The bull market remains in force (though may be tiring):
74.1 per cent of worldwide panellists said they remain confident in the practice of DDMA and its potential for future growth, though optimism tempered slightly compared to a year ago, when 77.4 per cent of panellists expressed similar enthusiasm. With respect to individual markets, this “confident majority” grew in only one country, Germany.
Measurement is the key:
The global participants called for improved measurement and attribution techniques and better training in respect to analytics and audience segmentation when asked what would help advance their ability to derive value from DDMA programmes. Panellists benchmarked (on a 1-to-5 scale with 5 indicating a factor is ‘critical’ to deriving more value) improved measurement at 4.24 with better staff training at 4.22).
The customer is king:
For the second year in a row, global panellists said their desire to be “customer-centric” is fuelling their DDMA efforts more than any other single priority.
First-party data rules:
Far fewer practitioners are engaged in the use of “third-party” data (which typically includes compiled, commercial datasets that are licensed on an open market) to support their acquisition marketing efforts. Just under two-thirds of the global panel (65.5 per cent) said that third-party data licensing is included among their DDMA use cases.
Funds continue to flow to DDMA:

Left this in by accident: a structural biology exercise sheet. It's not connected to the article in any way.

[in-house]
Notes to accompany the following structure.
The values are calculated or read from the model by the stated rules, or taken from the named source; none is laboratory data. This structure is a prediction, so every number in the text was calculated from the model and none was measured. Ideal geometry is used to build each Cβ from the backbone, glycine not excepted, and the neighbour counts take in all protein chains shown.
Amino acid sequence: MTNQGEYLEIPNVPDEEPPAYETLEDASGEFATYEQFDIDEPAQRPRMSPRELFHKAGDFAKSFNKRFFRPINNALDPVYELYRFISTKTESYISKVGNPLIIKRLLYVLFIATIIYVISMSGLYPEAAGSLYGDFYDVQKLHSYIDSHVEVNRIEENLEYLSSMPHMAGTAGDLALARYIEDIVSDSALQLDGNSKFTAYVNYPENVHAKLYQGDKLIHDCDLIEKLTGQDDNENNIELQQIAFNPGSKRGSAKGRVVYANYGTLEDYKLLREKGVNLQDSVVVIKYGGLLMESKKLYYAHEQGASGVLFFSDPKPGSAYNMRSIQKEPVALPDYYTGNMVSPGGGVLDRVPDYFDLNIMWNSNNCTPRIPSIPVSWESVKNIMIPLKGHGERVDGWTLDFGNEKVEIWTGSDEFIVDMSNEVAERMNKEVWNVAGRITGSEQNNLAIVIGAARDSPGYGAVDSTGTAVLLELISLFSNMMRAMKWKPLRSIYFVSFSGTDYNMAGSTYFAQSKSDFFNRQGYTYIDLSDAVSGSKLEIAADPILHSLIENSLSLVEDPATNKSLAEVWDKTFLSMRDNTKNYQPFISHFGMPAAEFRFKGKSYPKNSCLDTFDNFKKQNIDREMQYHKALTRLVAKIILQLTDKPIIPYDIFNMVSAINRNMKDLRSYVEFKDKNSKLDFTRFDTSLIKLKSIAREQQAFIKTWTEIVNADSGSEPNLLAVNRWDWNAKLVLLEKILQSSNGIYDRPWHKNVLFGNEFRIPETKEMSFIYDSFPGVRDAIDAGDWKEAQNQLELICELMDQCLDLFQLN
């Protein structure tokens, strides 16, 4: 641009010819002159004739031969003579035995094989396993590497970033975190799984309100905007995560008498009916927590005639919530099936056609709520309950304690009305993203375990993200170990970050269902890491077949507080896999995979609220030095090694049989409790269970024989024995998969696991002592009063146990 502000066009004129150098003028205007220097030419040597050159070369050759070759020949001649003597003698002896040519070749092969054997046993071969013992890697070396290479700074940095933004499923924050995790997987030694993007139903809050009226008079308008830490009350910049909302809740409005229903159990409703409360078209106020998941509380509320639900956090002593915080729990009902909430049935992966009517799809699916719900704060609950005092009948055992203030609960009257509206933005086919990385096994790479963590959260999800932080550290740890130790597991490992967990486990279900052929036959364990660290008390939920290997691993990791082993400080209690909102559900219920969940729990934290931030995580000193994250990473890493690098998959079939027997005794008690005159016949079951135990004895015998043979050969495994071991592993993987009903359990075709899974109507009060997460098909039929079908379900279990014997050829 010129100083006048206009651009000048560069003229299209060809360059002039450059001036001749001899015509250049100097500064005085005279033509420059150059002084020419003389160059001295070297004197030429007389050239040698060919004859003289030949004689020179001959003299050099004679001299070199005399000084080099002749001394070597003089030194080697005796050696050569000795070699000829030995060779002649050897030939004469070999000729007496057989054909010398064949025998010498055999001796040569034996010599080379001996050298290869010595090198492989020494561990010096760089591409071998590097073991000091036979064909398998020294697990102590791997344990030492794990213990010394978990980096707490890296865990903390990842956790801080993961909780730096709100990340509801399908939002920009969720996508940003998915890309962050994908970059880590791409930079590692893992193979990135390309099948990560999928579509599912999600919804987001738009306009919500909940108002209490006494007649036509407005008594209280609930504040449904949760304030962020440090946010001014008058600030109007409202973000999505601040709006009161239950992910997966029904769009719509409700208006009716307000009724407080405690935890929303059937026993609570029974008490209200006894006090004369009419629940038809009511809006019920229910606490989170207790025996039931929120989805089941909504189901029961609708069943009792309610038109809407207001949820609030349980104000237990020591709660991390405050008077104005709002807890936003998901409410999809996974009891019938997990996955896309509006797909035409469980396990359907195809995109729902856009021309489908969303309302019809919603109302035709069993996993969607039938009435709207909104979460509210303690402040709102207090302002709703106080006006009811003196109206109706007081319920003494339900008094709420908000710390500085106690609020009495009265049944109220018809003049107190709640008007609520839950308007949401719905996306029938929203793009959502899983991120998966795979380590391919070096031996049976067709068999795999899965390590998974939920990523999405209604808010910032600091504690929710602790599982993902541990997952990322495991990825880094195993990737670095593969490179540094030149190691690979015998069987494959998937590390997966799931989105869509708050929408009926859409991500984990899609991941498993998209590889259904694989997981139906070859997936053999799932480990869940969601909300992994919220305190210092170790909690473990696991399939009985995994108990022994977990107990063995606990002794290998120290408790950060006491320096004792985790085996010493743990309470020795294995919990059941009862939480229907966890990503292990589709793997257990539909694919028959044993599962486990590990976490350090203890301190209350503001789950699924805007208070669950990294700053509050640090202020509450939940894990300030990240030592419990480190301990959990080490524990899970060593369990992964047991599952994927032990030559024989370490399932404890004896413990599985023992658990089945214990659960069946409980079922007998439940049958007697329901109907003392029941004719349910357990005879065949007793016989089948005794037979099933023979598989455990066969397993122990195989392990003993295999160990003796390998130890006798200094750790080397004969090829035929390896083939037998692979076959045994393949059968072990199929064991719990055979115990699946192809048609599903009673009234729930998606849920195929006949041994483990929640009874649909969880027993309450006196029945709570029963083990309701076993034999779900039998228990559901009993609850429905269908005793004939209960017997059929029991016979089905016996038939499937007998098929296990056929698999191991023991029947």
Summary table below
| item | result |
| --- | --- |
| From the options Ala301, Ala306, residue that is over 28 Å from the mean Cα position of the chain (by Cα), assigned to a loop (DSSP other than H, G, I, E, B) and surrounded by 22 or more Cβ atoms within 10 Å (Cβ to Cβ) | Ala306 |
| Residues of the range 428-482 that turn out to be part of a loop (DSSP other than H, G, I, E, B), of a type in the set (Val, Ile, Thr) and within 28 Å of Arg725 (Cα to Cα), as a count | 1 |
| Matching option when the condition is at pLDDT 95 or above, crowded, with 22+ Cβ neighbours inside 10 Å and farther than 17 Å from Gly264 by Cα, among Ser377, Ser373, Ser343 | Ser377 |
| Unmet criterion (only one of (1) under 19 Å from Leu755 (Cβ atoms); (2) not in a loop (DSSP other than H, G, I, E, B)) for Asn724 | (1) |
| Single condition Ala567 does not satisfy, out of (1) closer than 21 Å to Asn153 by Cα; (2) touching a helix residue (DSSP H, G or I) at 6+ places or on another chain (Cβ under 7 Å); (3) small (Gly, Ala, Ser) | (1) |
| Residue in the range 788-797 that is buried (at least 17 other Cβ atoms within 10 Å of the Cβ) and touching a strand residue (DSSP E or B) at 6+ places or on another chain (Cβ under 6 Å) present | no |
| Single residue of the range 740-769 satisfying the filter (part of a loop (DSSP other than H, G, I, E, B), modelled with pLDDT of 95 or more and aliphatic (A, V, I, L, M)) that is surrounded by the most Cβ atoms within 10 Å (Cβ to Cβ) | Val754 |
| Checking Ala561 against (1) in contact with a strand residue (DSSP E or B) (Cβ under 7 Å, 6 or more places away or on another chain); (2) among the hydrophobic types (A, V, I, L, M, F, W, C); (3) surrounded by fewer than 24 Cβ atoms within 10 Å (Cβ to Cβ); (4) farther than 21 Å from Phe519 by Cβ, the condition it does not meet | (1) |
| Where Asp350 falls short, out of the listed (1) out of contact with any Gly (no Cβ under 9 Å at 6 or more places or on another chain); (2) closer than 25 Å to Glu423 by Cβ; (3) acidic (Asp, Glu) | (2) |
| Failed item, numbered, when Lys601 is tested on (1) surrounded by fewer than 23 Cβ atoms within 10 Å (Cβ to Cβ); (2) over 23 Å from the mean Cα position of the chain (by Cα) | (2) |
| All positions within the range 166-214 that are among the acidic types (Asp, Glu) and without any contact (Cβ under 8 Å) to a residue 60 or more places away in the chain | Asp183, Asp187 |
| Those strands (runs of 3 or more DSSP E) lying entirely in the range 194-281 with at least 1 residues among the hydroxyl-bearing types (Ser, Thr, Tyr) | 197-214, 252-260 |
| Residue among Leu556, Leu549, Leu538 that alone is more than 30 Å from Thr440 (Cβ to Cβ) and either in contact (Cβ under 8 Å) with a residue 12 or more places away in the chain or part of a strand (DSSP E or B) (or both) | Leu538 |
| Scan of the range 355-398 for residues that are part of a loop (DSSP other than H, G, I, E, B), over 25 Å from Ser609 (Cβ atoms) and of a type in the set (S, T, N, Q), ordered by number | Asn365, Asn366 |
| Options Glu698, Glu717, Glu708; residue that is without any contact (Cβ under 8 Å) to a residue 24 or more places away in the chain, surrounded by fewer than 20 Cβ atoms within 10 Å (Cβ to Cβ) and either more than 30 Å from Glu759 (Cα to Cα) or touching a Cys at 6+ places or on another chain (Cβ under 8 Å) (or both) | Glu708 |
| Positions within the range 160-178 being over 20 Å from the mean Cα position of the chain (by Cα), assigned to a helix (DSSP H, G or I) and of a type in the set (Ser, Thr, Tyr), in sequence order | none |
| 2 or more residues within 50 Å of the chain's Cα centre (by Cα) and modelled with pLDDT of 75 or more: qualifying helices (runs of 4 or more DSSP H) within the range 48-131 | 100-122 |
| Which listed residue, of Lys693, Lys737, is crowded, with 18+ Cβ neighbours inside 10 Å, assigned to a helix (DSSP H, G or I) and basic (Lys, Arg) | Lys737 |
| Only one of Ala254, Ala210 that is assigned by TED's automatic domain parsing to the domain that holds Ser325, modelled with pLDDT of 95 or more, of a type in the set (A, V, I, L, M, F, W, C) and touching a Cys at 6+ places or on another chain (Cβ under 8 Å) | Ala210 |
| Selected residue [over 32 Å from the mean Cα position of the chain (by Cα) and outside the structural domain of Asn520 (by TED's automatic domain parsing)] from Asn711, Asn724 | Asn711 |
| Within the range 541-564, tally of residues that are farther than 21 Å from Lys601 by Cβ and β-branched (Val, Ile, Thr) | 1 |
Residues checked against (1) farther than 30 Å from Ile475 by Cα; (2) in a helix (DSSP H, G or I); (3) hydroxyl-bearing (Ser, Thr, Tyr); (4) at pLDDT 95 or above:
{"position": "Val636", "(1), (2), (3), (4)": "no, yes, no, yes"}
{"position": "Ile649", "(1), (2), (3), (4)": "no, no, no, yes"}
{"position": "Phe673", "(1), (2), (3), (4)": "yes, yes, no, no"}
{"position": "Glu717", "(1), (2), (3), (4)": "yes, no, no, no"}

More than half (56.3 per cent) of global panellists said they increased their annual DDMA expenditures this year, though the extent of that spending growth dipped slightly compared to the 63.2 per cent that said they did the same last year.
Further, 68.6 per cent expect that their organisation’s DDMA budgets will increase next year—a robust majority though slightly smaller than the 73.5 per cent that said the same last year (regarding their expectations for this year’s spending)
Digital, digital, digital:
Panellists said they increased their proportional spending on social media, web content, search and online display advertising more over the past year than on any other addressable channel, reflecting the findings of last years’ research but with more consistency across markets. This is likely because these are the media that are delivering the greatest improvement in return-on-investment.
“Both data and the practice of ‘digital’ represent an industry transformation that is truly global in its scale. And our second annual study reveals a wealth of commonality of experience, learnings and challenges between marketers around the world,” Winterberry Group MD Jonathan Margulies said.
“Data is adding value to enterprises across the globe and the research offers an important validation of how responsible marketers intend to use, and safeguard, data for the betterment of consumers’ everyday brand interactions.”